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Explaining Elizabeth Warren's Appeal Explaining Elizabeth Warren's Appeal Explaining Elizabeth Warren's Appeal Explaining Elizabeth Warr...

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Politics

Explaining Elizabeth Warren's Appeal

December 7, 2011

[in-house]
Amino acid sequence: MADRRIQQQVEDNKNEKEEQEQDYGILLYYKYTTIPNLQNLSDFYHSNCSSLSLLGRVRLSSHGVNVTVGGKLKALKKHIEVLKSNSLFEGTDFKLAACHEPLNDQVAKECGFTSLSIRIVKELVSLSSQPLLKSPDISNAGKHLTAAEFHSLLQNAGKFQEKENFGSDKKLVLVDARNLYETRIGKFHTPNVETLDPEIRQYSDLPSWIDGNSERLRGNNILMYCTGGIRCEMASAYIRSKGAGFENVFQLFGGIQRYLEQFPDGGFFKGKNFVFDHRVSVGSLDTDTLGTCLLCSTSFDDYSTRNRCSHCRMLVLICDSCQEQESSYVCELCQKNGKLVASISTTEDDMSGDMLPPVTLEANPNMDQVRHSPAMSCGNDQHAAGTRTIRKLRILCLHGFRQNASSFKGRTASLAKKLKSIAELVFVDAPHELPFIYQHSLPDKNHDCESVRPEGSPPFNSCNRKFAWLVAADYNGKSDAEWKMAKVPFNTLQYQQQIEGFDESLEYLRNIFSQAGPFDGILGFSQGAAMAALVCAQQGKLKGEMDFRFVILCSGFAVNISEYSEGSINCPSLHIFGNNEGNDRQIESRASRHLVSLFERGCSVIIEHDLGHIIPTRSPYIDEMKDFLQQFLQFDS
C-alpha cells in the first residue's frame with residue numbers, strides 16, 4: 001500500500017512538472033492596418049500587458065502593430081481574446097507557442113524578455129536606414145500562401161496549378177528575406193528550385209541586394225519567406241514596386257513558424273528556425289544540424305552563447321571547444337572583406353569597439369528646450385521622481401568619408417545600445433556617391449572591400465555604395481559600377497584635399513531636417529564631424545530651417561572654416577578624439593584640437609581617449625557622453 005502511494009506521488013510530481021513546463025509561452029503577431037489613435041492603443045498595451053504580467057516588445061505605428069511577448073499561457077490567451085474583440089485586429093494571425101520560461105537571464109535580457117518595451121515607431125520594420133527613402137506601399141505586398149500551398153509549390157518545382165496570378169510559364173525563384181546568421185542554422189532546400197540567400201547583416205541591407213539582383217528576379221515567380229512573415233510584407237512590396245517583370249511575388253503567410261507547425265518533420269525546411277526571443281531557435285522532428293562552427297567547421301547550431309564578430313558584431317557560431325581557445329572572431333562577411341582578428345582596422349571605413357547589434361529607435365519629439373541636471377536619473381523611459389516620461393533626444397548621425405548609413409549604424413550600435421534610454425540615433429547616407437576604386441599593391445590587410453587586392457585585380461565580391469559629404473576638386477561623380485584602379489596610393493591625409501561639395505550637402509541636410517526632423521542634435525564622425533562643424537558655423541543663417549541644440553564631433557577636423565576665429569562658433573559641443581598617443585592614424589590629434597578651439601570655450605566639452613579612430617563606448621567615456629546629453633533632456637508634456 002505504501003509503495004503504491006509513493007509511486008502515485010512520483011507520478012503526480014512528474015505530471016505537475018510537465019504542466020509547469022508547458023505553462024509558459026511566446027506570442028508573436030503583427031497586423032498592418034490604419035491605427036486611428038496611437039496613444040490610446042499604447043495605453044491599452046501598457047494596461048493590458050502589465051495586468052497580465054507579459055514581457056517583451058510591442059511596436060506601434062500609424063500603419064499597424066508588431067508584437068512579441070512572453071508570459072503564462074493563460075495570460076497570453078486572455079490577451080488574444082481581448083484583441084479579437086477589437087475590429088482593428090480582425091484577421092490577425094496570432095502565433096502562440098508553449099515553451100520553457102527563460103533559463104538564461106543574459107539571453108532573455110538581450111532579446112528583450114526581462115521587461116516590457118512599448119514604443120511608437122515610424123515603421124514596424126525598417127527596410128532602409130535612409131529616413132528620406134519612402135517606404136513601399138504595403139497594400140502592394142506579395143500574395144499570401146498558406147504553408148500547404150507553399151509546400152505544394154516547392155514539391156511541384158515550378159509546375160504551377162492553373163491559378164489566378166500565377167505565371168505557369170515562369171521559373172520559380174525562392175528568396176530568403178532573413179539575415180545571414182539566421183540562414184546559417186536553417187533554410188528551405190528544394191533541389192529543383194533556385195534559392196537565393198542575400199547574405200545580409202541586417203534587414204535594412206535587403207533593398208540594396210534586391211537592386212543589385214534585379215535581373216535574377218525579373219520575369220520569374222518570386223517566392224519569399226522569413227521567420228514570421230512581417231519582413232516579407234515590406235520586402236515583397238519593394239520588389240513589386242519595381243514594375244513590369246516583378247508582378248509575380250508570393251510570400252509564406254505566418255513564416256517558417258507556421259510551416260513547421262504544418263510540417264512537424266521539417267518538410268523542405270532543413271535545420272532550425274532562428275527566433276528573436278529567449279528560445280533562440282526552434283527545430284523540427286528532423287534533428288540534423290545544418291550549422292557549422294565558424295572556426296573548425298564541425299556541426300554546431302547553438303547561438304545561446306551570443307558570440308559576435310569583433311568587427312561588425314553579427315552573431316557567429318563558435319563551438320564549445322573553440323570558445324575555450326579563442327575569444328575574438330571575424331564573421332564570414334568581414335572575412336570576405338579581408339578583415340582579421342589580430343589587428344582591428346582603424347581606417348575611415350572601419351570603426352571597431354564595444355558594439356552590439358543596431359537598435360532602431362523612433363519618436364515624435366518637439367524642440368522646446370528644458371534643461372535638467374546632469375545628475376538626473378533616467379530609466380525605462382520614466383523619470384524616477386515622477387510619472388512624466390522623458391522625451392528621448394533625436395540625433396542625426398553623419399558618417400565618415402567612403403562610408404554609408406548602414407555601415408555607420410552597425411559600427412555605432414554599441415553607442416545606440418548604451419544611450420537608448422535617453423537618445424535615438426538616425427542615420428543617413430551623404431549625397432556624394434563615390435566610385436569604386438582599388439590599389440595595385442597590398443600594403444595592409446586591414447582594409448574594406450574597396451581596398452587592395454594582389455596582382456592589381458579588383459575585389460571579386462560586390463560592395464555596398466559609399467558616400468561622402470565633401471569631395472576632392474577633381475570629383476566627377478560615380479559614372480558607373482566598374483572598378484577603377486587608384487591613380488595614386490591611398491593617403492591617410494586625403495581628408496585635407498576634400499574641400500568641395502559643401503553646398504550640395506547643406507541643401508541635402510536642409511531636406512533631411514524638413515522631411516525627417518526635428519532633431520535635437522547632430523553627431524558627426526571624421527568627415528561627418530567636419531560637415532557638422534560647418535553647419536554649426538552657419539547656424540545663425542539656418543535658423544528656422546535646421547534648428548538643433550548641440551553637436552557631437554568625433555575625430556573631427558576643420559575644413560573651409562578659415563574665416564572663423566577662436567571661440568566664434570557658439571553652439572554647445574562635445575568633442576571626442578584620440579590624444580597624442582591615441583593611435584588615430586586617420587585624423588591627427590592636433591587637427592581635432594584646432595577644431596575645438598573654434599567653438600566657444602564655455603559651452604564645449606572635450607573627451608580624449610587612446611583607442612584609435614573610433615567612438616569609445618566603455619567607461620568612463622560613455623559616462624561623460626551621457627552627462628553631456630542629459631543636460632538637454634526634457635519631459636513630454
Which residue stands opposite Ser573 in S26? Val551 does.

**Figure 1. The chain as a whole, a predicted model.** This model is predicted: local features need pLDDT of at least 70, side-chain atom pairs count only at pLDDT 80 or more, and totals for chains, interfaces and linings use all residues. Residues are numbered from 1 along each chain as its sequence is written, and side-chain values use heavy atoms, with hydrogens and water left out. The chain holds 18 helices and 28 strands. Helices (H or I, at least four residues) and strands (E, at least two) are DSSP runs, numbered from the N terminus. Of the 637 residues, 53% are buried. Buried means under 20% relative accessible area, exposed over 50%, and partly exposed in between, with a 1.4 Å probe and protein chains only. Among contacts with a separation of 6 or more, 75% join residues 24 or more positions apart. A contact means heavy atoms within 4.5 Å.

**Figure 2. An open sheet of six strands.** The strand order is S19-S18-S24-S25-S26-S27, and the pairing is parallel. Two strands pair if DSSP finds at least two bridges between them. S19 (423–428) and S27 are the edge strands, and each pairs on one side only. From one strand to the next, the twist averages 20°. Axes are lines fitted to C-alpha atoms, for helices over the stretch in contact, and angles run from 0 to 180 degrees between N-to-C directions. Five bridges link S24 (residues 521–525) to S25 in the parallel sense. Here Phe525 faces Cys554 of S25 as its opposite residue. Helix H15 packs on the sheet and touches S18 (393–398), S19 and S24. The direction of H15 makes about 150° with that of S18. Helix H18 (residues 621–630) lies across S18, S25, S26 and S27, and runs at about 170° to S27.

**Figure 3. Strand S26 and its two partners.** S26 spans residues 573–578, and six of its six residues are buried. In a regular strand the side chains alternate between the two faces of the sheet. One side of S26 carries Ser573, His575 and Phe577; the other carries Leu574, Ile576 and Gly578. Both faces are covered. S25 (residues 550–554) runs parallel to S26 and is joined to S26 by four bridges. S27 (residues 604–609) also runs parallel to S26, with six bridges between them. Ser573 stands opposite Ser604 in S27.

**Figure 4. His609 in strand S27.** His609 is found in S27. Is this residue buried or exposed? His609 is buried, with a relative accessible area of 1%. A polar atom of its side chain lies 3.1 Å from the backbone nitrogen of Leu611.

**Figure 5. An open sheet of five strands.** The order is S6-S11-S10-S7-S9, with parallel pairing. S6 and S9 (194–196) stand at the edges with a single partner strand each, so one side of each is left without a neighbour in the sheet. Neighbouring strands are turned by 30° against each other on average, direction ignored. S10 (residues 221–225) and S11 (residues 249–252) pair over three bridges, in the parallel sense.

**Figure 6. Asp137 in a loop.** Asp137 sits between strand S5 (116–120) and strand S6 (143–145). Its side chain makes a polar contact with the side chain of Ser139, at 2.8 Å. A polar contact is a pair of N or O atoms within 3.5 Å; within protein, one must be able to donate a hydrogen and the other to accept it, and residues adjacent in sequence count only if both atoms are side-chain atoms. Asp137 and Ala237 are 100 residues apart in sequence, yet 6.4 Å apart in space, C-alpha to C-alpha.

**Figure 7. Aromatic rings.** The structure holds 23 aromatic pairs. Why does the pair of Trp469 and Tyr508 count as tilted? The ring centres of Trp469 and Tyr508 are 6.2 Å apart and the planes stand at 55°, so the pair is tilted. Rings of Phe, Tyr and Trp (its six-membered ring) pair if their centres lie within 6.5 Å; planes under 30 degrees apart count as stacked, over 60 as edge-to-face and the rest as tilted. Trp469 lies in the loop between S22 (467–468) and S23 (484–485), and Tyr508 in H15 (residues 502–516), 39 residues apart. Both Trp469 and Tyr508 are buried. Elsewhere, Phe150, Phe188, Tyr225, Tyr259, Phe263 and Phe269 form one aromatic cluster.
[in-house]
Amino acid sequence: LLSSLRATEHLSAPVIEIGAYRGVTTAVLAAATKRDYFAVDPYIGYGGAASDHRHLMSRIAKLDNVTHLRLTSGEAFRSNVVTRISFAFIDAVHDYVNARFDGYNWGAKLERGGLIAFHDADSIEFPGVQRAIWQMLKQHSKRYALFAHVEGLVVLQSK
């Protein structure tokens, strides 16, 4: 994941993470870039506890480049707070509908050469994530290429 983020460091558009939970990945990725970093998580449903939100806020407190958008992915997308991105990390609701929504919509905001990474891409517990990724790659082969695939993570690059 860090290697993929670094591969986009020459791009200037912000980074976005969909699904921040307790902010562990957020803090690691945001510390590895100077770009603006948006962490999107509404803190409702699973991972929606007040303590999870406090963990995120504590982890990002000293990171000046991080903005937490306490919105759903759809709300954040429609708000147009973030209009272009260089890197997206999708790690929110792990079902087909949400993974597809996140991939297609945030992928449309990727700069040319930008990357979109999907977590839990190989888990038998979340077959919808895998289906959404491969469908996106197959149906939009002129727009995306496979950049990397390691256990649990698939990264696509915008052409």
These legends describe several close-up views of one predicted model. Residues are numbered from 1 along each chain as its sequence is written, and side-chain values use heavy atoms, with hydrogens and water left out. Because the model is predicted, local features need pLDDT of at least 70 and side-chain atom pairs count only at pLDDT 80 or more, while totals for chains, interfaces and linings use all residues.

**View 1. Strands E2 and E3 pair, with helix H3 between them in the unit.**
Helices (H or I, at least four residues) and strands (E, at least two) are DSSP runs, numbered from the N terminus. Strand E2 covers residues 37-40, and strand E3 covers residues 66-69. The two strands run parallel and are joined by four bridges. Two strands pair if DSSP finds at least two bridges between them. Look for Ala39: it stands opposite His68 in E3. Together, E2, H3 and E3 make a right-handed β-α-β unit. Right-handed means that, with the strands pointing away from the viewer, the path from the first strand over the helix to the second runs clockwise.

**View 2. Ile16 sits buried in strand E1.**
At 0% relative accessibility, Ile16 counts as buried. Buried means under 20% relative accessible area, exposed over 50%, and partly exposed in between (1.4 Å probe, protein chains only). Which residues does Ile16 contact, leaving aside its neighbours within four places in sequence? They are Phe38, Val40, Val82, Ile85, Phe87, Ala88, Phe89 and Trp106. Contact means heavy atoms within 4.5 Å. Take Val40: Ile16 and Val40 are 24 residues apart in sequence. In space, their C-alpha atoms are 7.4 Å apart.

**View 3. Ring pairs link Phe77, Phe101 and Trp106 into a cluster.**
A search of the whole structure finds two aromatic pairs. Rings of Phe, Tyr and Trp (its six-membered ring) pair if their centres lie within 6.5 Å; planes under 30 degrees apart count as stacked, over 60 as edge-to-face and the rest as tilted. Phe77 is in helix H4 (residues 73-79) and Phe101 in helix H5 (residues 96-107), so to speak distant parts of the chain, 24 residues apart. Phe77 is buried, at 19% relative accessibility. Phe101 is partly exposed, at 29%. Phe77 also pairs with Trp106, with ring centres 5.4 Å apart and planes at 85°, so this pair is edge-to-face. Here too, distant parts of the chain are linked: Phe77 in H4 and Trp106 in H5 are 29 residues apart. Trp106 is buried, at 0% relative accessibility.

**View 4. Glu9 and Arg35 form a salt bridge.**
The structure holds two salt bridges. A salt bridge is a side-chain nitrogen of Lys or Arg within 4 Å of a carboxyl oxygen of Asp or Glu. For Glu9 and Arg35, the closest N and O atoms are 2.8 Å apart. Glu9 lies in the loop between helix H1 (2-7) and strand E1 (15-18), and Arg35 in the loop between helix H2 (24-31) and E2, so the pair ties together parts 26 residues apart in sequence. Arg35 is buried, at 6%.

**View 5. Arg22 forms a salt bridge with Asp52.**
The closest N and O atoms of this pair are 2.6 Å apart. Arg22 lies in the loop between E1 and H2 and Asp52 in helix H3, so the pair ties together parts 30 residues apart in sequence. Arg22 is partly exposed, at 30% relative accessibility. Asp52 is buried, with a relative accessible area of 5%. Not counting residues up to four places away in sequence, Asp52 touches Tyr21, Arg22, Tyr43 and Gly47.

Enter Warren. The former Harvard professor who crafted the Consumer Financial Protection Bureau ran headlong, as so many Obama initiatives have, into the brick wall of the Republican Senate. Her contentious run-ins with Republicans overseeing the new agency made her a hero in liberals' minds while simultaneously eliminating any hope she ever had of overcoming a filibuster when she was nominated to lead her own creation. Instead, Democrats urged her to run against Brown. One outside group, the Progressive Change Campaign Committee, bundled more than $435,000 for her campaign, more than $200,000 of that amount before she had even left the administration. In short, Warren has become the outlet for liberal frustration with the administration. They view her as a fighter who stands for liberal causes and draws stark contrasts with Republicans -- exactly what they complain the administration has not done. As an added bonus to liberals looking for a champion, Warren is proving an adept campaigner. She raised more than $3 million during her first six weeks on the trail, and she's drawing huge interest inside the state; as my colleague Julie Sobel pointed out a few weeks back, Warren's first forays around the state have drawn standing-room-only crowds. Warren attracted 1,000 people to a campaign rally in Roxbury, and she even got 500 folks to show up in Pittsfield, hardly the same audience as the liberal enclave of Cambridge. She is, all things considered, most certainly not like Martha Coakley, the lackluster Democrat Brown defeated in 2010. Republicans point out, rightly so, that there's a difference between Democratic voters and liberals: Not all Democrats are liberal. That's especially true in Massachusetts, where there are still divisions between the Cambridge liberals, the Boston machine and the more culturally conservative blue collar western part of the state. Republicans have to drive a big wedge between Warren and the more conservative voters who crossed over to send Brown to Washington in the first place. They won't succeed, however, in driving a wedge between Warren and her national fan base. The left will work hard and turn out for President Obama's re-election bid, but those who drive the activist/blogosphere base see in Warren what they want to see in their party as a whole.
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